A wild turkey, intimidated by a pair of territorial nesting geese, met a tragic end on University of Waterloo campus Monday morning when it took flight and smashed through a third-floor window in the English and philosophy building, say university staff.
- Canada goose 'Spawn of Satan' terrorizes University of Waterloo
- University of Waterloo tries dog patrol to fight goose problem
The turkey first appeared in the Hagey Hall courtyard Thursday, bringing momentary delight and distraction to university staff during final exam season.
"It's the end of year, everyone's tired, it's exams. You get a little punchy. I have to say a lot of the faculty ran outside to look at a turkey," said Jennifer Harris, an associate professor at the university.
"Turkey sightings are highly unusual. Anyone who goes to Waterloo knows geese are predominant. You spend a lot of your time navigating geese and everything they leave behind, but turkeys? I'd never sighted one before."
Colin Wallace, who works in IT at the university, believes the turkey was repeatedly drawn to the courtyard by its own reflection in a glass door.
Unfortunately for the turkey, the courtyard is also home to a couple of aggressive nesting geese. Geese have gained some notoriety on campus for being territorial and confrontational, a reputation fuelled further last week by an encounter outside Hagey Hall that was viewed more than 45,000 times on YouTube.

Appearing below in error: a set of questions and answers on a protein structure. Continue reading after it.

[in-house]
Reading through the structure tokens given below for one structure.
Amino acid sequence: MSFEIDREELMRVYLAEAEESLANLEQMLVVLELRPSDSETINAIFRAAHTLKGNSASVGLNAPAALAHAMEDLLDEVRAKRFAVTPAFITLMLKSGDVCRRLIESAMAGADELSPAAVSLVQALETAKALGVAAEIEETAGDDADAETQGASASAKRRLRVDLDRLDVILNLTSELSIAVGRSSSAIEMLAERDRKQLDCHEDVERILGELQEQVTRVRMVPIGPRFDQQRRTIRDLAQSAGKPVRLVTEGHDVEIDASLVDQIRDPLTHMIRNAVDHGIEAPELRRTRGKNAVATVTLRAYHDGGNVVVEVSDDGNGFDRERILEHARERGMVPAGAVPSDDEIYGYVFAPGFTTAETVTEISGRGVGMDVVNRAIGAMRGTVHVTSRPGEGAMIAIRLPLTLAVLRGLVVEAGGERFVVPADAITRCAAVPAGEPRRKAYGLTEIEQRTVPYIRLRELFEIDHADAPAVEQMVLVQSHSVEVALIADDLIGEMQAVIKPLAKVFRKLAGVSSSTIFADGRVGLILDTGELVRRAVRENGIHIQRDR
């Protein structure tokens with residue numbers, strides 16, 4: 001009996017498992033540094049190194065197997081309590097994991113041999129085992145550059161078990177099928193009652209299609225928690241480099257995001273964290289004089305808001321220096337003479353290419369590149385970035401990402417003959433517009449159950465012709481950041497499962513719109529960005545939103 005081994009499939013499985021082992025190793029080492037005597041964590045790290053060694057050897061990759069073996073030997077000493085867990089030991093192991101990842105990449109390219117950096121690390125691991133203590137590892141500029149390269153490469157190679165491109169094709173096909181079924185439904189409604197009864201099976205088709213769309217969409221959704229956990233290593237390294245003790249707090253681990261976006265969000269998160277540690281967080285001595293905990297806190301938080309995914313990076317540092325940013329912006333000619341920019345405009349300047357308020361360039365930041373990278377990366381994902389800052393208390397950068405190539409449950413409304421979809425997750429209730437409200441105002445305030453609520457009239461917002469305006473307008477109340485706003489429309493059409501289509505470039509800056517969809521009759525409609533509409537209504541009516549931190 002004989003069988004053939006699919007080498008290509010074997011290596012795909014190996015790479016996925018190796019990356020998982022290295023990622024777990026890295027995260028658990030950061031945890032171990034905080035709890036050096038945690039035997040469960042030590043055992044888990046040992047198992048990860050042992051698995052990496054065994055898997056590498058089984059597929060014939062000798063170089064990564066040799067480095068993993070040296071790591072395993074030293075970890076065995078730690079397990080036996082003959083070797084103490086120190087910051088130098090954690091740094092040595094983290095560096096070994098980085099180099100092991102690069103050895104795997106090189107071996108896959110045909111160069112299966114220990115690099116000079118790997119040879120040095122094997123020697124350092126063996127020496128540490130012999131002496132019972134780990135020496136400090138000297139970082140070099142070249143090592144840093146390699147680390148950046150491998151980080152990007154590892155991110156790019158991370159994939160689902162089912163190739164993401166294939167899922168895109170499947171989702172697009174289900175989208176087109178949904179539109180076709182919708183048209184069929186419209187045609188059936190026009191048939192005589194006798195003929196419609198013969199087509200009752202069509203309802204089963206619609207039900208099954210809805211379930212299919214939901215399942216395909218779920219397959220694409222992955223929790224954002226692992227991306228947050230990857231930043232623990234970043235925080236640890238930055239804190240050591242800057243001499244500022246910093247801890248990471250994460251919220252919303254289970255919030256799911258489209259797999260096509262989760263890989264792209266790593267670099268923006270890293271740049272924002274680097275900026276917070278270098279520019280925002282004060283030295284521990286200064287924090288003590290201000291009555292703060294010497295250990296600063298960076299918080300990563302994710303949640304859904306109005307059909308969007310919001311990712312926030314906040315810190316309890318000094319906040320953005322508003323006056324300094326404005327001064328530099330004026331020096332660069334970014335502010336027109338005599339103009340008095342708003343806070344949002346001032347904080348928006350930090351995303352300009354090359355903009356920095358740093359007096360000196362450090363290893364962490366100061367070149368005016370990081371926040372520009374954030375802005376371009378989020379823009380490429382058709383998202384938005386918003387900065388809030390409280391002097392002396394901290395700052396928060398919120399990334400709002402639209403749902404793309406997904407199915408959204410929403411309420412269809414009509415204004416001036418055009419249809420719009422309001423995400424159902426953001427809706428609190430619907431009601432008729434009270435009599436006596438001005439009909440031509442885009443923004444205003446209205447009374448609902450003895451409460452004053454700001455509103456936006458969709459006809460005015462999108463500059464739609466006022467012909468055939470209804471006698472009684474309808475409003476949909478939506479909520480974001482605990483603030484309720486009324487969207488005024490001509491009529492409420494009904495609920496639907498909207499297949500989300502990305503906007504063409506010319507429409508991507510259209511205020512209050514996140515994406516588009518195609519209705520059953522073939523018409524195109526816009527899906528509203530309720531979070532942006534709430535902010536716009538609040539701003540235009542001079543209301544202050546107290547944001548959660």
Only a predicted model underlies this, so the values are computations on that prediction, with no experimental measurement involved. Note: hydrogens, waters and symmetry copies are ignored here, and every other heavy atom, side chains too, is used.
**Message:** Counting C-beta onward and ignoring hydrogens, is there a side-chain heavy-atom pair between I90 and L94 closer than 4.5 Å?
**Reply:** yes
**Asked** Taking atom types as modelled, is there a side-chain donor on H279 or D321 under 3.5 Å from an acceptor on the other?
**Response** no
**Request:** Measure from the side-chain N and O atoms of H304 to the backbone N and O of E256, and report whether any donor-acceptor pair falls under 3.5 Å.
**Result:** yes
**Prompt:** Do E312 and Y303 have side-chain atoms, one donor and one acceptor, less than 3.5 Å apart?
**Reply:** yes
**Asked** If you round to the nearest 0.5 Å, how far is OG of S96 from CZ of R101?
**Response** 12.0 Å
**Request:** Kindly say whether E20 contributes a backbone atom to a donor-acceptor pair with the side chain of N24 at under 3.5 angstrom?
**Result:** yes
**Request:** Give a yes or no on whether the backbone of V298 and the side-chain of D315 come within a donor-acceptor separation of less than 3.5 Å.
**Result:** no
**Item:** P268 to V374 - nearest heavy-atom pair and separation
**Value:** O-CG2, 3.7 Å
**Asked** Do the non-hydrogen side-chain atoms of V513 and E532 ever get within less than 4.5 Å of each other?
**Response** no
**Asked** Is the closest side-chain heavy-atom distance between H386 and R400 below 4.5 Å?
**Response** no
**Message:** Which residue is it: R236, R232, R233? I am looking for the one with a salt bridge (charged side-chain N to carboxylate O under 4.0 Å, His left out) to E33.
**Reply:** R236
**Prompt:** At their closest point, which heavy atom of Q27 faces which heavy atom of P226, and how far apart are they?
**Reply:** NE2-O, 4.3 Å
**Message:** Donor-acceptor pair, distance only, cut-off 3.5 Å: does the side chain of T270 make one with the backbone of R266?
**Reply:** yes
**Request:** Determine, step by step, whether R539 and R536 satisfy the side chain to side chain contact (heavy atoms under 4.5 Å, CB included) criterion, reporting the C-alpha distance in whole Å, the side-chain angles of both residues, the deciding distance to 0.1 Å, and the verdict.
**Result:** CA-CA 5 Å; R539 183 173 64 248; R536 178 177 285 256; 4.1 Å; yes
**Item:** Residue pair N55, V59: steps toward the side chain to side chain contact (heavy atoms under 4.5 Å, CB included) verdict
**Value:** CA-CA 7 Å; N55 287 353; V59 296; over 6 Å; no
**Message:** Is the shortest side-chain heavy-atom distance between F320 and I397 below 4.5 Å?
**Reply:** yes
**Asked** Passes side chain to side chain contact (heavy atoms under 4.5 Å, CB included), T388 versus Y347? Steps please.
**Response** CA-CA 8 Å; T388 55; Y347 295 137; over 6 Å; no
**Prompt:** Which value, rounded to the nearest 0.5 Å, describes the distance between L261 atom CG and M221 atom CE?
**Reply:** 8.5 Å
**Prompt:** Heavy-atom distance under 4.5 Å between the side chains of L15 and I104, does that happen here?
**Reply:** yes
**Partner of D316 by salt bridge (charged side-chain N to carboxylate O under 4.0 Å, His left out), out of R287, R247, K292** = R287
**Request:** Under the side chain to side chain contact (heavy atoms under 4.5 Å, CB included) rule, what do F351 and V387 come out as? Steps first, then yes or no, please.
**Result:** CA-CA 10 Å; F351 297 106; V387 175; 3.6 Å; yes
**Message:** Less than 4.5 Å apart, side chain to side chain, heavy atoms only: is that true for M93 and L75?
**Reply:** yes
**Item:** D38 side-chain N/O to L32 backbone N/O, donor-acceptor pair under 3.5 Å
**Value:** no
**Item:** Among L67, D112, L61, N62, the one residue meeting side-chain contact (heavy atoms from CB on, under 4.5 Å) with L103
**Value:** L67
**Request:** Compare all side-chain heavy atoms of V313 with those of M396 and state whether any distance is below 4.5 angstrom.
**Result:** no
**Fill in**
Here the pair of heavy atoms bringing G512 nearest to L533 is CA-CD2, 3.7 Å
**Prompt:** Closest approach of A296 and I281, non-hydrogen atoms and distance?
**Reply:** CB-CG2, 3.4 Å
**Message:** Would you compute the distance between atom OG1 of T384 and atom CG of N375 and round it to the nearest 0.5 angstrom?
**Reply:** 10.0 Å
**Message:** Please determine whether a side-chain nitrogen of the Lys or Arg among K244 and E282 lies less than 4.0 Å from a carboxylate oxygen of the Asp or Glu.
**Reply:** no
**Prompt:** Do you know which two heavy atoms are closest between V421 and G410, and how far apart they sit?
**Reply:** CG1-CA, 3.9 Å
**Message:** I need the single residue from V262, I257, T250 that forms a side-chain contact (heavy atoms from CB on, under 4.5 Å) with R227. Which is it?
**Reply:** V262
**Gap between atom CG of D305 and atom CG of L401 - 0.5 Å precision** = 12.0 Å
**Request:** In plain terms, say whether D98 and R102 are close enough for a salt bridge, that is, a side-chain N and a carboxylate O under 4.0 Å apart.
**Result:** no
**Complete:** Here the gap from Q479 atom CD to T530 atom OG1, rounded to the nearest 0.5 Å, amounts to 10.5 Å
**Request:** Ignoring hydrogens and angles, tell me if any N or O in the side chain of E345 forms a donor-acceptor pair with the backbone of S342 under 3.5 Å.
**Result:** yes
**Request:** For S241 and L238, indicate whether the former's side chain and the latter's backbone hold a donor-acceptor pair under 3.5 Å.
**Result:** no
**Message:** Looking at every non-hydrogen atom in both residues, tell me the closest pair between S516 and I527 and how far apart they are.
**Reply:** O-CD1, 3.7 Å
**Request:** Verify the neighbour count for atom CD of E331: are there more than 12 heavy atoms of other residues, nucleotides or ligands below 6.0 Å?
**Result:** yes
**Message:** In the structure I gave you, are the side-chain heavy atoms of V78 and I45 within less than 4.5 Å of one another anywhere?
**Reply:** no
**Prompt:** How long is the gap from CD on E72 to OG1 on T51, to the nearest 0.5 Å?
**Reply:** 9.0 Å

Turkey 'was terrified'
"[The turkey] was terrified of the two geese," said Wallace.
"They were stalking her. They thought they were guarding their eggs. She would pace back and forth in a corner where they had [contained] her."
The courtyard is walled on three sides, while a flight of stairs lead out of it. "The steps were where the geese set themselves up as sentries," said Harris.
The turkey was trying to leave the courtyard, but was "thwarted by the geese," she said.
"Apparently when it tried to get out, the geese were chasing it back."
On Monday morning, the turkey decided to take an alternative route out of the courtyard and flew into glass windows.
Wallace called the Kitchener-Waterloo Humane Society to assist the turkey, but before they were able to help, it had smashed through a third floor window into an empty meeting room.
"It was right over top of us. It was just this huge smashing sound and glass dropping three storeys," said Wallace.
Turkeys are capable of flying short distances and heights.
With assistance from the humane society, the turkey was chased into a cage and taken away. It had suffered serious injuries to its throat and had to be euthanized.
The turkey left a hole that was about a couple of feet wide and a great deal of broken glass in the room. The window has since been repaired.